One of the reasons for the success of the Eee PC 701 is its low price. By utilising low-cost components and shying away from costly Microsoft operating systems, it limbo-danced its way under the £300 marker and carved itself a huge niche in the process.
There are many among us that believe it's too niche -- mainly because its Linux-based operating system is so unfamiliar. Asus is acutely aware of this and -- not wanting to alienate a huge chunk of the market -- has released a version of the Eee PC 900 that uses Windows XP. But is it all sunshine and Care Bears, or are there any drawbacks to this configuration?
The Windows XP version of the 900 is physically identical to its Linux brother. It uses the same 226x38x170mm, 1kg chassis, which is exceptionally convenient for throwing into a purse or manbag and taking on your travels. It's slightly larger and heavier than the previous Eee PC 701, but you'll be hard pressed to tell the difference between the two unless you see them side by side.
The Eee doesn't let its small size hold it back, though. It has plenty of connectivity, including three USB ports, a D-Sub port for outputting video to an external display, mic and headphone audio jacks and an SD card reader that also supports MMC media. Plus, the integrated webcam has been upgraded to a 1.3-megapixel model instead of the 0.3-megapixel part on the previous Eee.
The most appealing thing about the Eee PC 900 is its new display. Both the Linux and Windows versions sport an 8.9-inch panel that runs at 1,024x600 pixels. It doesn't sound like much but it's a massive improvement over the 7-inch, 800x640-pixel panel on the old Eee PC 701. Images, video and Web sites look far better on this system than they ever could on its predecessor, and it truly is better than ever for watching movies. It has to be said that the higher resolution is more suited Windows XP's icon-heavy aesthetic.
The mouse trackpad on the new Eee PC 900 is much improved over its predecessor. It's larger, for a start, and has a wider aspect ratio to match that of the widescreen display. It's also far more responsive in the Windows edition that it is on Linux. We're not exactly sure why, but positioning the cursor over tiny icons is less of a chore than the ever-so-slightly juddery cursor in the Linux edition.
Better still, the mouse trackpad supports multi-touch gesture inputs -- even in Windows XP. A pinching motion lets you zoom in on images, stretching lets you zoom out, and a two-finger vertical stroking motion allows you to scroll up and down through documents. MacBook Air and iPod touch users have enjoyed this feature for some time, but it's the first we've ever seen it implemented on a Windows laptop.
By using Windows XP, users can sidestep many of the software and hardware compatibility issues that plague the Linux version. We've encountered numerous devices that don't work with a Linux Eee because of driver issues, including some USB disc drives, printers and TV tuners. You simply don't get these problems with a Windows-equipped Eee PC 900.
It's a fair concern that Windows XP could adversely affect the laptop's performance. The Microsoft operating system is theoretically more corpulent than Linux, and is likely to put more of a strain on the components. However, we've nothing but good news to report in this area.
The 900MHz Celeron M CPU and 1GB of DDR 400 memory was perfectly happy to run Windows XP without slowing down and it ran just as smoothly and responsively as its Linux compatriot. It achieved a PCMark 2005 score of 1,133, which is actually more than the 1,049 achieved by the Sony Vaio TZ.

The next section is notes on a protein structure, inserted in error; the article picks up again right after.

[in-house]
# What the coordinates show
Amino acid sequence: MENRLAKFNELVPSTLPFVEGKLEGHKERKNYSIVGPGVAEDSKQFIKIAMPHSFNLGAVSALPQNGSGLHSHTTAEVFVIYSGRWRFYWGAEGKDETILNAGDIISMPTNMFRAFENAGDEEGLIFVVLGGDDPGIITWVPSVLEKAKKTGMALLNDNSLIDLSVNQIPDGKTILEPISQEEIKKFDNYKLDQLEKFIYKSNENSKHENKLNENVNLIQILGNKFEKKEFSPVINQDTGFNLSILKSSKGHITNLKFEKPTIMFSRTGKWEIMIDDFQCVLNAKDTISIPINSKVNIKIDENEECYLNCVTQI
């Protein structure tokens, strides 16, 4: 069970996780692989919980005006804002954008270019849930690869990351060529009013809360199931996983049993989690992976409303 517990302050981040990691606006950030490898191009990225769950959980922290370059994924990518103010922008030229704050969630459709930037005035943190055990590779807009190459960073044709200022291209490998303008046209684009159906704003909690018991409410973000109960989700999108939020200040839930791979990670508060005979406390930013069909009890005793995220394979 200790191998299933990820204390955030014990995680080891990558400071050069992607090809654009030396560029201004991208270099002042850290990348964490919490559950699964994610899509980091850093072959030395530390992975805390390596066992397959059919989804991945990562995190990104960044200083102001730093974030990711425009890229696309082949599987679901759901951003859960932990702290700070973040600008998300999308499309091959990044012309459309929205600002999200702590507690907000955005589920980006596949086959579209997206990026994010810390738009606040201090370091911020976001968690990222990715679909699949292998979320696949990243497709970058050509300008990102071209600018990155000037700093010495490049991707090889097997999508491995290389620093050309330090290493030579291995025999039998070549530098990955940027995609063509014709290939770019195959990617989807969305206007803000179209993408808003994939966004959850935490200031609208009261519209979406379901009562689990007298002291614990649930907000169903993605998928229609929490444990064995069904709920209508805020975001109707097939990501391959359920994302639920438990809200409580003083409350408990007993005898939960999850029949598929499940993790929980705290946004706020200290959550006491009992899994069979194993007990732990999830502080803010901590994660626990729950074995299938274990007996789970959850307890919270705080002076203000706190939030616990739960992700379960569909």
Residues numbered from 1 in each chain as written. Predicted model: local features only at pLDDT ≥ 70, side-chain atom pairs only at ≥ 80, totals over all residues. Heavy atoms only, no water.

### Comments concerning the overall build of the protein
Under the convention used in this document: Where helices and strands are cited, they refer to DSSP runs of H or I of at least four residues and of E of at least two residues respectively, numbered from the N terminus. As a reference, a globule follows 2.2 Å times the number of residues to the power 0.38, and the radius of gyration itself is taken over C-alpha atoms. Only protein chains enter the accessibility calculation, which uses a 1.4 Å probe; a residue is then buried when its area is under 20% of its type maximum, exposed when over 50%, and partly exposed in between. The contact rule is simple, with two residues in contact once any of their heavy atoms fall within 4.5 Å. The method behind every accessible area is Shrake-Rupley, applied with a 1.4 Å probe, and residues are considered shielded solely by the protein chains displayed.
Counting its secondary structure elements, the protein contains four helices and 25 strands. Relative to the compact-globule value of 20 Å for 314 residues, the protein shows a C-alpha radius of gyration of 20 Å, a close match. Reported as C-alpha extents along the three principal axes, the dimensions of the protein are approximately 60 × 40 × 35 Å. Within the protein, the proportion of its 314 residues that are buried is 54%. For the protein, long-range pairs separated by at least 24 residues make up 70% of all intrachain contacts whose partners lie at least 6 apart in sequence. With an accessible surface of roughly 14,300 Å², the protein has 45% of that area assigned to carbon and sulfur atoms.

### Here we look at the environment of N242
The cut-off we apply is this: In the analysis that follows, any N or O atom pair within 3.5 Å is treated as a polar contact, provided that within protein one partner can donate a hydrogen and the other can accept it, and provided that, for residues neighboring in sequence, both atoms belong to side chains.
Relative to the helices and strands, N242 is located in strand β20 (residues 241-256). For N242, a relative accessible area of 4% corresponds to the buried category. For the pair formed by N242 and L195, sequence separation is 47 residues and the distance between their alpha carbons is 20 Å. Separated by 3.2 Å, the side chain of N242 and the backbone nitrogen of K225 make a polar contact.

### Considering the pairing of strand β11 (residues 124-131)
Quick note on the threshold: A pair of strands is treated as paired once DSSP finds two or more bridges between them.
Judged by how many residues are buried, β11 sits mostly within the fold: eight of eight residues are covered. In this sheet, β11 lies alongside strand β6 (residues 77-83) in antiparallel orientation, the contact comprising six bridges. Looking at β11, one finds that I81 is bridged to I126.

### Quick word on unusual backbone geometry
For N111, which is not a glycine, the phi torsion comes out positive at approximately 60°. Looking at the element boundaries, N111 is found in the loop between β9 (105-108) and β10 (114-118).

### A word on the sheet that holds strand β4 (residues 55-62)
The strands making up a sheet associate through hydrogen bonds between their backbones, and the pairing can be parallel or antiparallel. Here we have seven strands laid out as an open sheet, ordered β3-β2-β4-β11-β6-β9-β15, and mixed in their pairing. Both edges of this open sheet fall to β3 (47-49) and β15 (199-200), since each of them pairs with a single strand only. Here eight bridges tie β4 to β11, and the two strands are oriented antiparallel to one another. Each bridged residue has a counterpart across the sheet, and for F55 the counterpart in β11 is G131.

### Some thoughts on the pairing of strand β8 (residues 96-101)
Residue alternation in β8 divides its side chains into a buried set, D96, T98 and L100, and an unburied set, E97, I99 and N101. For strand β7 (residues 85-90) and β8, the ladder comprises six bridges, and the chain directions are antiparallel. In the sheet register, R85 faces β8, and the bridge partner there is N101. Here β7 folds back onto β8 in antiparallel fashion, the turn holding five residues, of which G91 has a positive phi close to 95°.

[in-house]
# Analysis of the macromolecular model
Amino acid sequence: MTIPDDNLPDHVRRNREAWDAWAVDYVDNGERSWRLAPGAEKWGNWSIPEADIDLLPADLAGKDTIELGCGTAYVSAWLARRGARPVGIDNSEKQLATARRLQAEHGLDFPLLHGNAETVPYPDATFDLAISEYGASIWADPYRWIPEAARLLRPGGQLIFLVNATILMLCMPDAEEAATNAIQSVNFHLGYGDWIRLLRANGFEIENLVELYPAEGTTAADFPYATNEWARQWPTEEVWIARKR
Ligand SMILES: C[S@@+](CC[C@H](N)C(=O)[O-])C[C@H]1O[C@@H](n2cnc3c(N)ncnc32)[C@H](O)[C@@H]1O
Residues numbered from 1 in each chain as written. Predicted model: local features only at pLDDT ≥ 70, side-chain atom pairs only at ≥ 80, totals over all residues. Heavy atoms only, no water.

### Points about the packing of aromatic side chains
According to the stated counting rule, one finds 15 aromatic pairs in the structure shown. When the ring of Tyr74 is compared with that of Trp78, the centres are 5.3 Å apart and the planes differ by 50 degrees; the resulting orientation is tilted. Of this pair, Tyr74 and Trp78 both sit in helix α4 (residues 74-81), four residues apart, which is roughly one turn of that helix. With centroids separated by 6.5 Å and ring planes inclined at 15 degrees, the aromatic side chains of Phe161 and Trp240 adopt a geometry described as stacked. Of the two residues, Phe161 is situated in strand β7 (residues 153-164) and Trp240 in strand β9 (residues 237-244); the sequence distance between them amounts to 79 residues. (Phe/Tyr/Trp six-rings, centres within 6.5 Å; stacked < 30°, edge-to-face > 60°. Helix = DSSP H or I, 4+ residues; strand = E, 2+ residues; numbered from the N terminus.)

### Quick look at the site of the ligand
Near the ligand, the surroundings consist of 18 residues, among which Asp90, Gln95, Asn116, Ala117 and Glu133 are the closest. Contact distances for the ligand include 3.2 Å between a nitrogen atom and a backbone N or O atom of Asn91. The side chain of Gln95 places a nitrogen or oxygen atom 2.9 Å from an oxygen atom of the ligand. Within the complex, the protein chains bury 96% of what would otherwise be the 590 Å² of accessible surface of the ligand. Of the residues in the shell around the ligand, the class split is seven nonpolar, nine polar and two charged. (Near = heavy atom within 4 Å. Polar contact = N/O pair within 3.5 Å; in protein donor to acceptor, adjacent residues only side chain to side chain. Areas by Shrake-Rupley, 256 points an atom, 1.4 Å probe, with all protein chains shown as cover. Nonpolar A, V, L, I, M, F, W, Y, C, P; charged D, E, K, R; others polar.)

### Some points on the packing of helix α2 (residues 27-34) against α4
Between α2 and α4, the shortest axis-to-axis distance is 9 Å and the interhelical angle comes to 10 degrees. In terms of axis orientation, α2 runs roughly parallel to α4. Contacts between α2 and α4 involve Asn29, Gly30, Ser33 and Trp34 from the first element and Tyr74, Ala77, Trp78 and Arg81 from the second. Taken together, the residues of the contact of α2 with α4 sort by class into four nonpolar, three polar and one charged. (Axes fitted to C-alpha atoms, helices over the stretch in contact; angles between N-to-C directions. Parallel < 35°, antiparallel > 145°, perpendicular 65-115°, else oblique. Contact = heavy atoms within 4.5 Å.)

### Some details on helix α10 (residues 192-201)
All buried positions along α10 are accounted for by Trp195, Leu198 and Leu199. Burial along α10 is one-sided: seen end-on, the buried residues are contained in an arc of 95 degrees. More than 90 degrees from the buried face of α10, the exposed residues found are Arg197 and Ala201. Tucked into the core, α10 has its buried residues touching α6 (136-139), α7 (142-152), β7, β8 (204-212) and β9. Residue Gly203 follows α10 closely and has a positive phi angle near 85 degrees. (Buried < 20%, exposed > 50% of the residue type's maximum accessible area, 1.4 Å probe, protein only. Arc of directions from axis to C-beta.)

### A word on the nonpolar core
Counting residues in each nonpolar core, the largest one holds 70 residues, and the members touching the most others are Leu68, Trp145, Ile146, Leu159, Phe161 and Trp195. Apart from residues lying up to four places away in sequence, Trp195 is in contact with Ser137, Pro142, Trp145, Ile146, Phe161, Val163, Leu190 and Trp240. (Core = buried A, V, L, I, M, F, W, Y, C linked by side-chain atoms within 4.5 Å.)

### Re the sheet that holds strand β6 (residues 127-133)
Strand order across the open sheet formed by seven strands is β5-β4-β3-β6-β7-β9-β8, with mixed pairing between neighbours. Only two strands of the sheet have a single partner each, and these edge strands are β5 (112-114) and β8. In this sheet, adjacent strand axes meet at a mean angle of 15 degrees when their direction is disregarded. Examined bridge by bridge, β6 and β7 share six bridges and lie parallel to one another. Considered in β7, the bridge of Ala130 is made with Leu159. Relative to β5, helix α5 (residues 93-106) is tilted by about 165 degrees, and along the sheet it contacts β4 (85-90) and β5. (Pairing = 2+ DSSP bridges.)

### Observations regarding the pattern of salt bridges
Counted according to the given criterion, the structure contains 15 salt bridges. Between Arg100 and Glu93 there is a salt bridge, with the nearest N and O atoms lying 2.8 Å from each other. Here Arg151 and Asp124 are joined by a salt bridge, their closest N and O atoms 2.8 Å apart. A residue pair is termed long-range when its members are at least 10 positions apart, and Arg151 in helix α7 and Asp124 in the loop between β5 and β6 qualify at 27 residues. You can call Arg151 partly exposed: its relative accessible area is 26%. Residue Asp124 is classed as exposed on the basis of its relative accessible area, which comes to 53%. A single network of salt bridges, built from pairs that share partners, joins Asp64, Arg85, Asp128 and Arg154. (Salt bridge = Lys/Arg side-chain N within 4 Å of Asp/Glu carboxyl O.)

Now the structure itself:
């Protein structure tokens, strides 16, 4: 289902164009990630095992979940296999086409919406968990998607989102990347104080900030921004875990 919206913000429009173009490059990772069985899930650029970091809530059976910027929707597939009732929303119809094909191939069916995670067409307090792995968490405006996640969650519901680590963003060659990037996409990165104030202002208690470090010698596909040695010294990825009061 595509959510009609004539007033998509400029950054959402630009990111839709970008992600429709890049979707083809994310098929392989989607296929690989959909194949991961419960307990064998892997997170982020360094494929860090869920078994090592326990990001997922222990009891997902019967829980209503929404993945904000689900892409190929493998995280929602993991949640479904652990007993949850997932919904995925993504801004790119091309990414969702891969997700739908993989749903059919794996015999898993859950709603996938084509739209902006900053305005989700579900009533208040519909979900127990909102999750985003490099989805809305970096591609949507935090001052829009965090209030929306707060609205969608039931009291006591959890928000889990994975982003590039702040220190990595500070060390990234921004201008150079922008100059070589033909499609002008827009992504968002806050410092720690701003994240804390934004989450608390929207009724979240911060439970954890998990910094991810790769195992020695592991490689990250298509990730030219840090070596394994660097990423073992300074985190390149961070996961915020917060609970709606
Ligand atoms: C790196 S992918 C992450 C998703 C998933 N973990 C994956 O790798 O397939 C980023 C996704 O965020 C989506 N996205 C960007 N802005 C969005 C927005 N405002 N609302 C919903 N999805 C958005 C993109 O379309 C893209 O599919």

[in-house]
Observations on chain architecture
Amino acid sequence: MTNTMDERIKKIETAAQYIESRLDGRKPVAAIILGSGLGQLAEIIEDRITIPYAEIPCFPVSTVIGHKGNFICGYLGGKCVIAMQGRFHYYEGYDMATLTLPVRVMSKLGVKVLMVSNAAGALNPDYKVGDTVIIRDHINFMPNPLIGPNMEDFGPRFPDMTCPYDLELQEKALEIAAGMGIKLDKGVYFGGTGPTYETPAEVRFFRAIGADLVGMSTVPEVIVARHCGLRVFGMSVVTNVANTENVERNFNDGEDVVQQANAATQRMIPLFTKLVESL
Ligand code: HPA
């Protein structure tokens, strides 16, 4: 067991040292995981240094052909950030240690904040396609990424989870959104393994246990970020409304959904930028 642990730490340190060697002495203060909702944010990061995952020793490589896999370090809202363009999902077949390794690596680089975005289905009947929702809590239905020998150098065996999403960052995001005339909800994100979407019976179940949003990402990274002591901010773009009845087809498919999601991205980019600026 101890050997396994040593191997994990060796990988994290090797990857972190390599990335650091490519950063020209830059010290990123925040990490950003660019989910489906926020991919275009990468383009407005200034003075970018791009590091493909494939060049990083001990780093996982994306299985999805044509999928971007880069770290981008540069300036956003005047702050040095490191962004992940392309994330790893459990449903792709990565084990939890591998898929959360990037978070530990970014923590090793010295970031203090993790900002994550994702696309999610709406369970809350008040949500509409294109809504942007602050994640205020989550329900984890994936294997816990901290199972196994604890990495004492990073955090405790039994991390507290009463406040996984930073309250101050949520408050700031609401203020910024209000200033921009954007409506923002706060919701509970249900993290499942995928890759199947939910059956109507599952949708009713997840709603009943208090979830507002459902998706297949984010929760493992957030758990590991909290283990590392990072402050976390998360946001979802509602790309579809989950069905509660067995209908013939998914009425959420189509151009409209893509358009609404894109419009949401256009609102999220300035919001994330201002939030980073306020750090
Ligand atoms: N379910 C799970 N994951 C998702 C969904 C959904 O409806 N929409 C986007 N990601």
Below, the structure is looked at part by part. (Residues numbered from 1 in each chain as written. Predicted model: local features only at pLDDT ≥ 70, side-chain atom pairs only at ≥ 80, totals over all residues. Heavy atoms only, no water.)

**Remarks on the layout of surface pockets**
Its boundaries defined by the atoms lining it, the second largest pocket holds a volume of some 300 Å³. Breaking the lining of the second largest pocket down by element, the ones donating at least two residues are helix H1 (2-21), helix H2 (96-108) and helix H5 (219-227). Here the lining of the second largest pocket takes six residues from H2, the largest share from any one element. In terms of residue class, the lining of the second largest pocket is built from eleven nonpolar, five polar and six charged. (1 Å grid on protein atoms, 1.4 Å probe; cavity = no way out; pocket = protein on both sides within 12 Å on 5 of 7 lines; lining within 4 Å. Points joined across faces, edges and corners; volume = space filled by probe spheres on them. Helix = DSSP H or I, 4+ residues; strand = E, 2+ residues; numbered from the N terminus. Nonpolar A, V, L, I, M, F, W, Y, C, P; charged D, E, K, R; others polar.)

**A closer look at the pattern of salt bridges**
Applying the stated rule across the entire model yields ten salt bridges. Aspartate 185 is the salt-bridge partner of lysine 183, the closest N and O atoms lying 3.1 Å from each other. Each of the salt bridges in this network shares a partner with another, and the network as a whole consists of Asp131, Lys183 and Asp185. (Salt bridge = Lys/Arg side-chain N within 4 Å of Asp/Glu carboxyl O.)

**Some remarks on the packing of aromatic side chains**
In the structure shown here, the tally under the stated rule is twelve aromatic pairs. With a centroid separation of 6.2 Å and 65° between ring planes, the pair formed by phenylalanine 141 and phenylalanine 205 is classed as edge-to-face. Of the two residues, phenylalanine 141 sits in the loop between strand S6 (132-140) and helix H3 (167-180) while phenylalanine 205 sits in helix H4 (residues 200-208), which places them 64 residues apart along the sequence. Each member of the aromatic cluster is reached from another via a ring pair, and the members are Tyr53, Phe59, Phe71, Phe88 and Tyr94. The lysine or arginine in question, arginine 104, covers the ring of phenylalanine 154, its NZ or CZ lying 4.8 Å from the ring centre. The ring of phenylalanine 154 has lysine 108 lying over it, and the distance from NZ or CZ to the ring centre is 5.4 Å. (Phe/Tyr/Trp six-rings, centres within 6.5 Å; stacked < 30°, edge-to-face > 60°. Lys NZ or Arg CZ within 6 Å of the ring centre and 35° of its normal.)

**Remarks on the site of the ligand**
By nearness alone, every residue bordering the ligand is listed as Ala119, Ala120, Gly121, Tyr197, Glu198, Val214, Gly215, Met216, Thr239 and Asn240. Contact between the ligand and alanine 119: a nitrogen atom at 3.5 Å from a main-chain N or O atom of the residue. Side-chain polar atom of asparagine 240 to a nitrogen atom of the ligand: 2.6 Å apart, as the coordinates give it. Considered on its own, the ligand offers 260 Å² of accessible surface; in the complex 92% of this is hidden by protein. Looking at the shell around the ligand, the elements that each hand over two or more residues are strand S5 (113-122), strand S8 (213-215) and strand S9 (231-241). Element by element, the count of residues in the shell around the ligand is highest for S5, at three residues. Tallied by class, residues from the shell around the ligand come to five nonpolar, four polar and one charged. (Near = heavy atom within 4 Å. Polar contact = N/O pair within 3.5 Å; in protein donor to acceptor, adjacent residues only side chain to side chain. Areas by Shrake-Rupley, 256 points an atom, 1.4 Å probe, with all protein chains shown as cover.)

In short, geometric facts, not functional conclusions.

We spent some time analysing the Eee PC 900 Win's battery life, but discovered some unusual anomalies during that process. We will update this review with final battery scores once we have completed our benchmarks.
Asus has decided that both the Windows and Linux editions of the Eee PC 900 should sell for the same price, which is a challenge, seeing as a Windows XP licence costs around £60 and Linux is free. In order to achieve this, Asus ships the Windows XP version with 12GB of storage instead of the 20GB found in the Linux version. We understand fully why it has done this, but we can't say we're happy about sacrificing nearly 50 per cent of storage just to have Windows XP. It's good -- but it's not that good.
One significant drawback with using Windows XP is that the graphical
user interface is far tricker to get to grips with than the Linux GUI.
The Linux edition has logically arranged tab group labeled 'Internet',
'work', 'learn', 'play', 'settings' and 'favourites', each of which
contain relevant application icons. Windows, in contrast, is more
confusing -- particularly for anyone who isn't very experienced with a
It's no surprise to learn that the XP version doesn't ship with as many
useful applications as the Linux edition. Applications such as
OpenOffice and Skype don't come as standard, and although you can
install these apps yourself, it would have been comforting to have them
sitting there ready for use straight out of the box.
The other drawbacks with the Windows version of the Eee PC 900 are identical to those of the Linux model. The keyboard is uncomfortable to use if you have large hands, the speakers are utterly rubbish, and there's no built-in 3G Internet access -- at least not until Asus decides to release a 'Surf' edition like it did with the Eee PC 701.
We can't really recommend the Windows version of the Eee PC 900 over its Linux counterpart, primarily because you get nearly twice as much storage space in the Linux version. Sure, Windows XP offers a degree of familiarity its Linux brother can only dream of, plus inherent compatibility with an almost endless supply of hardware and software. If you really can't live without XP, then the best course of action is to buy the superior Linux version and install XP yourself.
Edited by Jason Jenkins
Additional editing by Shannon Doubleday